- Garnish each bowl with a drizzle of sesame oil and a sprinkle of sesame seeds for added flavor and texture.
Tips for making Vegetarian Ankake Ramen
Recommend Sides, Garnishes, and Beverages:
- Sesame Spinach Salad: A refreshing side salad with a sesame dressing pairs wonderfully with the rich flavors of Vegetarian Ankake Ramen.
- Crispy Gyoza: Serve some pan-fried or steamed gyoza (Japanese dumplings) on the side for a delightful contrast in textures.
- Japanese Green Tea: Enjoy the authenticity of Japanese cuisine by sipping on green tea alongside your ramen for a soothing experience.
- Kimchi: For a spicy kick, consider serving kimchi as a side dish to complement the umami richness of the ramen.
Different Ways to Serve:
- Traditional Bowl: Serve Vegetarian Ankake Ramen in deep bowls with chopsticks and a soup spoon for the classic ramen experience.
- Build-Your-Own Bar: Create a ramen bar with an array of toppings and condiments, allowing guests to customize their bowls.
- Ramen Salad: Transform leftovers into a cold ramen salad by chilling the noodles, adding fresh veggies, and tossing with a sesame dressing.
Tips and Tricks for the Best Results:
- Slow and Steady: Don’t rush the slow cooking process; it allows the flavors to meld and intensify.
- Adjust Seasoning: Taste and adjust the seasoning before serving, adding more soy sauce or a pinch of salt if needed.
- Perfect Noodle Texture: Cook the ramen noodles separately to maintain their ideal texture and prevent them from becoming mushy.
Common Mistakes to Avoid:
- Overloading the Slow Cooker: Avoid overcrowding the slow cooker with too many ingredients, which can result in uneven cooking.
- Last-Minute Thickening: Don’t add the cornstarch slurry too early; it’s best to do this about 30 minutes before serving.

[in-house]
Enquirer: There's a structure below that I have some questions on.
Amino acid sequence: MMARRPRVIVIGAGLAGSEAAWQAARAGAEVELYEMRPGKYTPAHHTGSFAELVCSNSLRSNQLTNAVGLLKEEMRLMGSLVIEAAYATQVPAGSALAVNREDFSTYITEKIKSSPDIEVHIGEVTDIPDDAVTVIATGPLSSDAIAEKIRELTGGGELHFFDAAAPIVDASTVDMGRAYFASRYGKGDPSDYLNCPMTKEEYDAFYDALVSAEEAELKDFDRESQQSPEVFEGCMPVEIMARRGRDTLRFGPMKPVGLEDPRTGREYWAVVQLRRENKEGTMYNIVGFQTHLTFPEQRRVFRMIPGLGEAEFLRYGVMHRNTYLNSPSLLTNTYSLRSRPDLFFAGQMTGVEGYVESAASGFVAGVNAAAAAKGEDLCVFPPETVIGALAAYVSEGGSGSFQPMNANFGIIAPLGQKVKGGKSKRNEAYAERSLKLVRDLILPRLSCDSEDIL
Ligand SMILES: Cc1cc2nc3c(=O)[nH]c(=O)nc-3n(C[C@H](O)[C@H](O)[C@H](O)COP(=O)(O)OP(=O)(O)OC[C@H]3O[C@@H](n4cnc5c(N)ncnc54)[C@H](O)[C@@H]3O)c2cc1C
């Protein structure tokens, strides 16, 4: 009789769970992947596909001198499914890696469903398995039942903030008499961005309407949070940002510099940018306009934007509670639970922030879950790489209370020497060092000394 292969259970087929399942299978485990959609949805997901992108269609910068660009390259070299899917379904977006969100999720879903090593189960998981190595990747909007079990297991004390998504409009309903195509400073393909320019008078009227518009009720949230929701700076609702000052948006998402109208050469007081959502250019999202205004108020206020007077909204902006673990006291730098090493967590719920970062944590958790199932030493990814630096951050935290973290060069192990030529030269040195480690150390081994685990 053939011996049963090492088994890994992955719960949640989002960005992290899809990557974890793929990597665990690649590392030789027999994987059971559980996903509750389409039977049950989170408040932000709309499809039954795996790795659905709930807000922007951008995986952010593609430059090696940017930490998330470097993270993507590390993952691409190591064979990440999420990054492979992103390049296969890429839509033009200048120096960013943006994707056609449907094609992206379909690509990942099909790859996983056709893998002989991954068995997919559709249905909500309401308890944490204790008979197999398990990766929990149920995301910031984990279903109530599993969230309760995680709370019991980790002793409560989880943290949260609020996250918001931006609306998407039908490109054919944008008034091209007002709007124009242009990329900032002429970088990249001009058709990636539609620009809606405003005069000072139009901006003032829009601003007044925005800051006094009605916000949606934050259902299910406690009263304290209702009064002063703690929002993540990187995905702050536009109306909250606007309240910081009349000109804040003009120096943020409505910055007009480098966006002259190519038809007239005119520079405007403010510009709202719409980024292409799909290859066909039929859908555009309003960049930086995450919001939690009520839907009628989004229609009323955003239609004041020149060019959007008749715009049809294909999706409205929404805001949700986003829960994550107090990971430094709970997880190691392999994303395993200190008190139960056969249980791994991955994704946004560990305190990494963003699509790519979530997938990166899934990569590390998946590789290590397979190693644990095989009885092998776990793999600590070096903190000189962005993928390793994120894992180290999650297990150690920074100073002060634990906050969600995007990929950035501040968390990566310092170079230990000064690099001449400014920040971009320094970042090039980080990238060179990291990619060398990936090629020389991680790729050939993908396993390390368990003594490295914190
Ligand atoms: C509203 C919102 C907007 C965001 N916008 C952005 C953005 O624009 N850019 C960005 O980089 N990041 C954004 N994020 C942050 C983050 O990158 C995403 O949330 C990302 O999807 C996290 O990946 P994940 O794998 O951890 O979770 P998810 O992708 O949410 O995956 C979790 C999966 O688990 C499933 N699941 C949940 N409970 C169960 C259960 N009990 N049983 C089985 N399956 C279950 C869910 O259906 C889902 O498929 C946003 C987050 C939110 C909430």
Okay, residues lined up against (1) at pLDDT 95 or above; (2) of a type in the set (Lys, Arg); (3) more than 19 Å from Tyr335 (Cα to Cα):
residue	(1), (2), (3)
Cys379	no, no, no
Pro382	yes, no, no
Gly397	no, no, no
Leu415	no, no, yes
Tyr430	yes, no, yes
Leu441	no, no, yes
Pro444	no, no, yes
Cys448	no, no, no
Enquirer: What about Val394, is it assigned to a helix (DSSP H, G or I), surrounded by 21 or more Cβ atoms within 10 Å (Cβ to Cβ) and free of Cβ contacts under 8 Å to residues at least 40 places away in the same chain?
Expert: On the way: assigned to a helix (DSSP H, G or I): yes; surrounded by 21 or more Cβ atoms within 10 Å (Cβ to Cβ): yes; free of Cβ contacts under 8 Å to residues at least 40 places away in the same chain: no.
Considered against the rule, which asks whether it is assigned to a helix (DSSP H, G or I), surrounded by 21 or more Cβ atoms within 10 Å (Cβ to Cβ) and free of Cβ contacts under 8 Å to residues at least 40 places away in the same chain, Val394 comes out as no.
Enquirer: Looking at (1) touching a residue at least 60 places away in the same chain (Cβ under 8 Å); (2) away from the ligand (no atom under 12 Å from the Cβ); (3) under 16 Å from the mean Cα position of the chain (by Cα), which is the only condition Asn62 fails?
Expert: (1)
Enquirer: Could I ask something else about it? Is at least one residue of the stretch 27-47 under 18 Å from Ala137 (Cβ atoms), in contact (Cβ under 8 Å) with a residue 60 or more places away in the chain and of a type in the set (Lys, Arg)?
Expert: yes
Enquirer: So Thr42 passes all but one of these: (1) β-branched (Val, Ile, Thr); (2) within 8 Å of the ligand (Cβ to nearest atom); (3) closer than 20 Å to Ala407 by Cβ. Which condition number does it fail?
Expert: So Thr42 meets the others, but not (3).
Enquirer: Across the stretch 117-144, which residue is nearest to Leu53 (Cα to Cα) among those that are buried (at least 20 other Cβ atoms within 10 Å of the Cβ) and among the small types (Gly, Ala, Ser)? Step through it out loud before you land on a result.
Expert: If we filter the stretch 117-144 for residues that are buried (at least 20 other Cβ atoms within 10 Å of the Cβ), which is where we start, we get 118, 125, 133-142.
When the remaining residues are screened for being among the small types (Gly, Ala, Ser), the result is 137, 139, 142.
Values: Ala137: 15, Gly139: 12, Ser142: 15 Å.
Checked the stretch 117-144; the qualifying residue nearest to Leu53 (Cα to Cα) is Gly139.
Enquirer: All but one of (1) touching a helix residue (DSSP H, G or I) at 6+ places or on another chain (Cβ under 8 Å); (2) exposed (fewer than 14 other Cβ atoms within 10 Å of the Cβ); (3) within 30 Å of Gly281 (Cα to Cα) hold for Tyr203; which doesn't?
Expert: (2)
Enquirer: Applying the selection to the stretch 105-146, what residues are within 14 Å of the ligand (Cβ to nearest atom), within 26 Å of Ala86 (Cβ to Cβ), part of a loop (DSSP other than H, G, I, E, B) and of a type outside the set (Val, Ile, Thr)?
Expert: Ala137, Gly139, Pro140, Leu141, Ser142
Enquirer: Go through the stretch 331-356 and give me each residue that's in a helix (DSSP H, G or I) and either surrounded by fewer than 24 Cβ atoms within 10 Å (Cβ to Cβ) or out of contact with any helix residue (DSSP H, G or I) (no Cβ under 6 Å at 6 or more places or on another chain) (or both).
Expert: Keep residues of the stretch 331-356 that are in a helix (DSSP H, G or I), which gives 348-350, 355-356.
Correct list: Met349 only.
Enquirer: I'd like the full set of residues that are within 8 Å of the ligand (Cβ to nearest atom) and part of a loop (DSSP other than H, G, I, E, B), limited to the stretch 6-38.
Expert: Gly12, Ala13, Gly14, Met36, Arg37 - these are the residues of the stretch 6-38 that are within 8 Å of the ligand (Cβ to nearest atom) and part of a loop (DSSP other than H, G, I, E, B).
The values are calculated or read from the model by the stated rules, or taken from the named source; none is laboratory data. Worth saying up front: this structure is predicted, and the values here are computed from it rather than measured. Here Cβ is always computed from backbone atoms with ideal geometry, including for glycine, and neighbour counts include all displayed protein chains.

- Neglecting Toppings: Don’t forget to garnish your ramen with sesame oil and sesame seeds for that final touch of flavor and presentation.
FAQs about Vegetarian Ankake Ramen
- Can I freeze leftover Vegetarian Ankake Ramen? While it’s possible to freeze the broth separately, it’s best to store leftovers in the refrigerator and reheat gently on the stove. Freshly cooked noodles are recommended for reheating.
- Can I make this dish gluten-free? Absolutely! Use gluten-free soy sauce and gluten-free ramen noodles to make this recipe gluten-free.
- How can I make this dish vegan? To make it vegan, omit the tofu or use a tofu alternative, and ensure you’re using vegetable broth instead of chicken or beef broth.
- Can I use other vegetables in this recipe? Yes, feel free to experiment with different vegetables based on your preferences. Bell peppers, spinach, and bean sprouts work well.
- What can I do with leftover broth? Leftover broth can be used as a base for other soups, stews, or even as a flavorful cooking liquid for grains like rice or quinoa. Store it in an airtight container in the refrigerator for up to a week.
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I'm James F Anderson, a noted sous chef from London and a Le Cordon Bleu alumnus. My career began in a Michelin-starred Parisian eatery, where my blend of classic and contemporary cooking, using seasonal ingredients, earned accolades. Recognized in culinary publications and on cooking shows, I’m committed to mentoring aspiring chefs and delivering memorable dining experiences, marking me as a standout talent in the culinary world.